Wednesday, June 25, 2008

Green Shift: Good News, Bad News for Libs

Good News, Bad News

Well, at least that’s one “crazy” talking point that can be taken off the table.

Via The Edmonton Journal:

[C.D. Howe Institute president Bill Robson] described Liberal opposition leader Stephane Dion’s carbon tax scheme, to prompt cuts in consumption by raising costs of all fossil fuel uses, as an essential dose of strong economic medicine.

“The inspiration really is environmental,” Robson said.

“If you seriously want to reduce greenhouse gas emissions the consumer has to feel pain,” the economist said.

“They’ll suffer,” he added.

The Liberals’ prediction that their carbon tax, offset by rebates through other federal programs, would end up costing typical households $240 a year understates its likely effects by a wide margin, Robson said.

The program’s projected total annual cost of $15.3 billion works out to as much as $640 per family, he estimated.

An improved “green shift” of the tax system would allow for unforeseeable changes in the natural environment, Robson added. The new system’s effective price penalty for carbon emissions should work like an insurance premium by reflecting their effects as they develop, he suggested.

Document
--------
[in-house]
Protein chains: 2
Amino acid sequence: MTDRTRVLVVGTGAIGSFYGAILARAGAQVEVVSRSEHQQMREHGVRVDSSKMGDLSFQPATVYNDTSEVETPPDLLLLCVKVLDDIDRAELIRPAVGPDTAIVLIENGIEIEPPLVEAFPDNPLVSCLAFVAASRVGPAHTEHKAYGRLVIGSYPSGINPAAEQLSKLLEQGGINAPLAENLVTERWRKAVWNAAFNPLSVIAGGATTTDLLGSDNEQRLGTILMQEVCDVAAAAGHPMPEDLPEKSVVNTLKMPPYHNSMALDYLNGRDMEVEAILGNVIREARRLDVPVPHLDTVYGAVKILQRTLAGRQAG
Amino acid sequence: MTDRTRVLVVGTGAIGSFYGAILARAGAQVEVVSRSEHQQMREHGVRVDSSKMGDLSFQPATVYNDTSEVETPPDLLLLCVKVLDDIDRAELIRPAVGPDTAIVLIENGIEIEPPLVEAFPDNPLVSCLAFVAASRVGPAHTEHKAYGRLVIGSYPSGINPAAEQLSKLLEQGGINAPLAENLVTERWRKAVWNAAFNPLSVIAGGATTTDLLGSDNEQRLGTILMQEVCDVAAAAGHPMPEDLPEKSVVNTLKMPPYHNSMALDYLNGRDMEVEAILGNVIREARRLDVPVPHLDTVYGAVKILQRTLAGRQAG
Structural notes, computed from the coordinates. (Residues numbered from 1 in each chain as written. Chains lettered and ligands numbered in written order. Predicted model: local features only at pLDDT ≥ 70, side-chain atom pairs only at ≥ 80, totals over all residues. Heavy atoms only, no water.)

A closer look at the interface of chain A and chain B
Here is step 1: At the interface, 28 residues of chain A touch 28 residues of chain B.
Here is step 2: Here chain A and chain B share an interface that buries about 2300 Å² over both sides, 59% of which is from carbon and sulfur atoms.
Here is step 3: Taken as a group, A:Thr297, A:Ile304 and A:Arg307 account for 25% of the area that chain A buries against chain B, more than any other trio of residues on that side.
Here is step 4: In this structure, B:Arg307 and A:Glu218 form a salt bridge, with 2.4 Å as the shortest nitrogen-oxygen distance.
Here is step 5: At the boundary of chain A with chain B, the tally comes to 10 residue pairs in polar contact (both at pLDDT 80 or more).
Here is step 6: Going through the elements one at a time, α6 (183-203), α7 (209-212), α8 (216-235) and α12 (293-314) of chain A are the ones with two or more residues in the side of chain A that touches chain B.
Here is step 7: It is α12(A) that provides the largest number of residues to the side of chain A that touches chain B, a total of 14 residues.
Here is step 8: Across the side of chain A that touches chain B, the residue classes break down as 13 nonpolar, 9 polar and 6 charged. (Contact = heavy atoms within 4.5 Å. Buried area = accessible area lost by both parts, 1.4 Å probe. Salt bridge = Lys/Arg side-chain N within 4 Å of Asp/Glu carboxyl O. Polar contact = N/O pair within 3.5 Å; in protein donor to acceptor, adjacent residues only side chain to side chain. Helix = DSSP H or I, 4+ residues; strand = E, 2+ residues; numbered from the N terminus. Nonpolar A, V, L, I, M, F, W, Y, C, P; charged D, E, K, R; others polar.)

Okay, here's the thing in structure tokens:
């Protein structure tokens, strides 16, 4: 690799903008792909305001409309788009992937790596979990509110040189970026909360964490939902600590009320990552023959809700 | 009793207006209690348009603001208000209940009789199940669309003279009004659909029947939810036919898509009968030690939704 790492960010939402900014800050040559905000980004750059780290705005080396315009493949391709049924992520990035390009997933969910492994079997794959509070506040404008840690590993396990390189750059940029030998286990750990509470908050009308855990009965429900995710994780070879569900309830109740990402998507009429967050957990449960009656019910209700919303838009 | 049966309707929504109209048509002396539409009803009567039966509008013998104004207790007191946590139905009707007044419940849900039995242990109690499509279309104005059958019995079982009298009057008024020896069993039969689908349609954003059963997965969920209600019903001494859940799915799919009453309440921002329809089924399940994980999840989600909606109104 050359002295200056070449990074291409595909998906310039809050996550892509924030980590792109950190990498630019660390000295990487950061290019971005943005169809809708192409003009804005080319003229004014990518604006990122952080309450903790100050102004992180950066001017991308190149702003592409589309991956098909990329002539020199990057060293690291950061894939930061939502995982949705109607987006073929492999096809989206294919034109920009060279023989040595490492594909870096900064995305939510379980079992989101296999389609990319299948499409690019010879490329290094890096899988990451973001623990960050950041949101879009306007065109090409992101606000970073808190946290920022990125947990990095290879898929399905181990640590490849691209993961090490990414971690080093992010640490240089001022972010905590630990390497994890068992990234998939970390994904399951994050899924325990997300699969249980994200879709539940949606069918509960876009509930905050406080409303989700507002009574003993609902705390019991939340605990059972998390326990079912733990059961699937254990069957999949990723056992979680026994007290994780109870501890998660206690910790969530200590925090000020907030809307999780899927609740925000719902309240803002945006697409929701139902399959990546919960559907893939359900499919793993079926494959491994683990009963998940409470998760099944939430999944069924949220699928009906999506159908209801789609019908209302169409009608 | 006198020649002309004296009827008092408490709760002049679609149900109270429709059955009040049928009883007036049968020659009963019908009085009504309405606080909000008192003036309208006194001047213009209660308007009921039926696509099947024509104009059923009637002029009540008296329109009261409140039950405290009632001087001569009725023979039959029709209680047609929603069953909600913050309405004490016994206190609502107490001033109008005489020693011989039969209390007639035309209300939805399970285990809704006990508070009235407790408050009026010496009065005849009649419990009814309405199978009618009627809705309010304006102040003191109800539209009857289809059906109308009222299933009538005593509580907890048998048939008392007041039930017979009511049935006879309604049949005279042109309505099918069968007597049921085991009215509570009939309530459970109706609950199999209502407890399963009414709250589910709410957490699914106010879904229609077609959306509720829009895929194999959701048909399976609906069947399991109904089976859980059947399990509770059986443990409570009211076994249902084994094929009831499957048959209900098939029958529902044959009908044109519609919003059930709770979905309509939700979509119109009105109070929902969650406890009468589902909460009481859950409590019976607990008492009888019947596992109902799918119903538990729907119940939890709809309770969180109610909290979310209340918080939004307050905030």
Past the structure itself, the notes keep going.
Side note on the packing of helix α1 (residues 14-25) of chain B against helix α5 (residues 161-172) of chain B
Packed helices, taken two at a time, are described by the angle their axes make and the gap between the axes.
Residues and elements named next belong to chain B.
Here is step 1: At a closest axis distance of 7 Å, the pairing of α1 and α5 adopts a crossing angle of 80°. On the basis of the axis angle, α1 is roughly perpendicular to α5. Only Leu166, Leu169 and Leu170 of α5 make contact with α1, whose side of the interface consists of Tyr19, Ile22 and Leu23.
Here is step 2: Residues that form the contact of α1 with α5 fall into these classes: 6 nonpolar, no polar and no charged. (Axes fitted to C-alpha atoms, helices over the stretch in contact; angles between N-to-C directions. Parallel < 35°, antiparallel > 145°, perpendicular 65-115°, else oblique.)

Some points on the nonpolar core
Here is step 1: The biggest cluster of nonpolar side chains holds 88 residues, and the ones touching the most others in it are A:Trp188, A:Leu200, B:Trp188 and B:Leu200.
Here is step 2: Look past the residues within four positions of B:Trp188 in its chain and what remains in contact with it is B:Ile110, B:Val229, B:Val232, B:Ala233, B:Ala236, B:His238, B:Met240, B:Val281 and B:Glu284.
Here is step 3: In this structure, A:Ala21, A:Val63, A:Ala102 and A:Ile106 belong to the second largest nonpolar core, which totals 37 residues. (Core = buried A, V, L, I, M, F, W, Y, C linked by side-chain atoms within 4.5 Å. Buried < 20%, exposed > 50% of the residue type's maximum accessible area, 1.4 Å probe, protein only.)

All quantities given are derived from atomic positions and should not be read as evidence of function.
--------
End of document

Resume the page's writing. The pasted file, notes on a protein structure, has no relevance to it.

The tax level could directly reflect climate change blamed on rising carbon-dioxide levels in the atmosphere by linking the levy to temperature trends, Robson said.

“It should be flexible over time as we learn more about the problems we’re trying to address.”
That includes allowing for mistakes in climate change forecasts that have hardened into “quite dogmatic” popular beliefs, he added.

“The world as I read the thermometers has been getting colder over the past couple of years. This is an area that’s enormously difficult to navigate,” Robson said.

Dion is liable to pay a high political price for candidly disclosing a complex proposal, Robson added.

“The Liberals deserve a fate better than they’re likely to experience for just having put this out there,” he said. “I fear they
ll suffer.

“I fear part of the lesson will be don’t be as forthcoming with plans.”